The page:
Greek wine: 4,000 years of culture in winemaking
Greece, the renowned birthplace of Dionysos, the god of wine, has the longest wine production and consumption history in the world, as well as the richest heritage. Greek wine has been produced for more than 4,000 years. Wine culture, intended as the consumption of wine as a social event and its sophisticated appreciation, was developed for the first time by the Ancient Greeks.
Today Greece is playing a major role in the international wine culture and industry. Through a better understanding of the physiology of the vine, matching site and grape variety and attention to detail, Greek wine producers have realized the potential of further developing and improving local viniculture.
Currently, the Greek vineyard is rich with a multitude of varieties and a limitless spectrum of choices.
Let us discover some of the most important local wines and grape varieties that better represent the fantastic potential of Greek wine.
Ksinómavro: the finest red variety of the Northern Greece. Depending on the time of maturation, it covers a wide range of tastes and nuances of red. Ksinómavro variety is one of the great divas of the Greek vineyard. It is capricious, demanding, and difficult to deal with, both in the vineyard and in the winery. The grape is capable of producing wines of stunning character and individuality and extraordinary complexity, with a seamless combination of intense extract and sheer finesse.
Ayioryítiko or Mávro Neméas: coming from Peloponnese, it is the red wine that was supposed to be the favourite of the mythical king Agamemnon. Thanks to its deep red colour, rich aroma, and velvet taste it is the ideal wine for red meat and sauces. With pronounced cassis and blackberry flavor and a rich, mature, velvety, luscious texture, the supple young Ayioryítiko wines are fruit-forward and are enjoyable early. However, there is enough big structure to support long-term cellaring (5-10 years). The Gaia Estate, Notios Red is a perfect example of what described above.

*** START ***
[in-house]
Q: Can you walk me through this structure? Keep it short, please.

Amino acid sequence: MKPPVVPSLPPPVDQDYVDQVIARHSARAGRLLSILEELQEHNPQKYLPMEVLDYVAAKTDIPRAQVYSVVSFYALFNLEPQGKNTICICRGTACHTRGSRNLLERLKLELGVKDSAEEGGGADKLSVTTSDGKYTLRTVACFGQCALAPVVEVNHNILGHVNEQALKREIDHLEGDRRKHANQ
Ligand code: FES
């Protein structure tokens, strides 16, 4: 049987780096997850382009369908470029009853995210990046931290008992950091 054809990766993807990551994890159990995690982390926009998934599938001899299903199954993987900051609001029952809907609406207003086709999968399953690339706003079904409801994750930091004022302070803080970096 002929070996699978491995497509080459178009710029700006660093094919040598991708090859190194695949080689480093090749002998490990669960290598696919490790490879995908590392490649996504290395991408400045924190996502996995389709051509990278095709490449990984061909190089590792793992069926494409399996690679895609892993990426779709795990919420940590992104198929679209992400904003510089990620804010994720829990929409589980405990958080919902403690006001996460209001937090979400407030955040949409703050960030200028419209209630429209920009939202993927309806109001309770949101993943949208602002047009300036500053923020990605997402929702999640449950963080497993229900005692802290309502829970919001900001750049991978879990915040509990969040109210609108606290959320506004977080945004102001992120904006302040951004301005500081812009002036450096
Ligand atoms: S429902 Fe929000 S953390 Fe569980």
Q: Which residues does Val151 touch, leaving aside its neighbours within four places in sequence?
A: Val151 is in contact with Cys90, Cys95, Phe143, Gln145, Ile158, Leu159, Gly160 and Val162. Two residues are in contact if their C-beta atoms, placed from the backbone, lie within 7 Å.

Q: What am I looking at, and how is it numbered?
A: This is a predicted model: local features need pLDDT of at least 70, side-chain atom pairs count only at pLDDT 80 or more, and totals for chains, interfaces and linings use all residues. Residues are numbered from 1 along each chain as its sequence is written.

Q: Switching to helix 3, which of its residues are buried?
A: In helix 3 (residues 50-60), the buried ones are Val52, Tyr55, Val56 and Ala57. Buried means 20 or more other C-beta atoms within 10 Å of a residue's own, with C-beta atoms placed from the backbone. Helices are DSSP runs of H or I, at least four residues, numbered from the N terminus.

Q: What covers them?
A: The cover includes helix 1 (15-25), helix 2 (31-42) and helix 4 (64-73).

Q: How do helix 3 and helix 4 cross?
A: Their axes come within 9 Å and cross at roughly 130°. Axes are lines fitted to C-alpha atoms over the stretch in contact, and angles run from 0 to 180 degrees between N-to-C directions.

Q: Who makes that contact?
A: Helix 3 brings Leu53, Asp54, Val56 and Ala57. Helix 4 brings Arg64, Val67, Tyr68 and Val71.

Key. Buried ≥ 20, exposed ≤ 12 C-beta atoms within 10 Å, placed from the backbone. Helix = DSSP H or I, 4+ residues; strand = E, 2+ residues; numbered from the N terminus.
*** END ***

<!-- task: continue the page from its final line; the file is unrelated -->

Mavrotrágano: an old red variety of Santorini, which has been brought back to life fairly recently. Fruity in taste, deep in colour and medium in acuity, it is marked by its high proof.
Athíri: The white delight of the Aegean Sea. Its yellowish colour with the reflections of green and its distinctive, subtle fruity taste render it suitable for many kinds of dishes. Its lovely floral aromas and mouthwatering attack wakes up the palate. Common to the islands of the southern Aegean and Halkidiki, in eastern Macedonia.
Assírtiko: Although cultivated in many other islands, Assírtiko reaches the apex of its originality on Santorini, but it has successfully migrated to Halkidiki, Epanomi, Drama, and Mount Pangeo in Northern Greece as well as to the Peloponnese. Bearing the island’s volcanic DNA, it is delightfully rich of aromas, ranging from citrus and apple to honey, raisin and incense. It maintains a high acidity even in fully ripeness. With crispy acidity and excellent minerality, its wines are rich and refreshing. The aromas suggest citrus, lemon blossom, orange zest and grapefruit. Gaia Estate, Thalassitis is a typical 100% Assírtiko wine from Santorini.
Moshofílero: archeological findings prove its age-long relation to the district of Arcadia and its plateau. It is a versatile variety used for making a whole series of wines, from dry to fruity sparkling ones, also known as a blanc de gris variety, meaning that its skin color can range from light pink to deep purple. The Gaia Estate, Notios White is a very pleasant a drinkable white wine made from this special grape variety.
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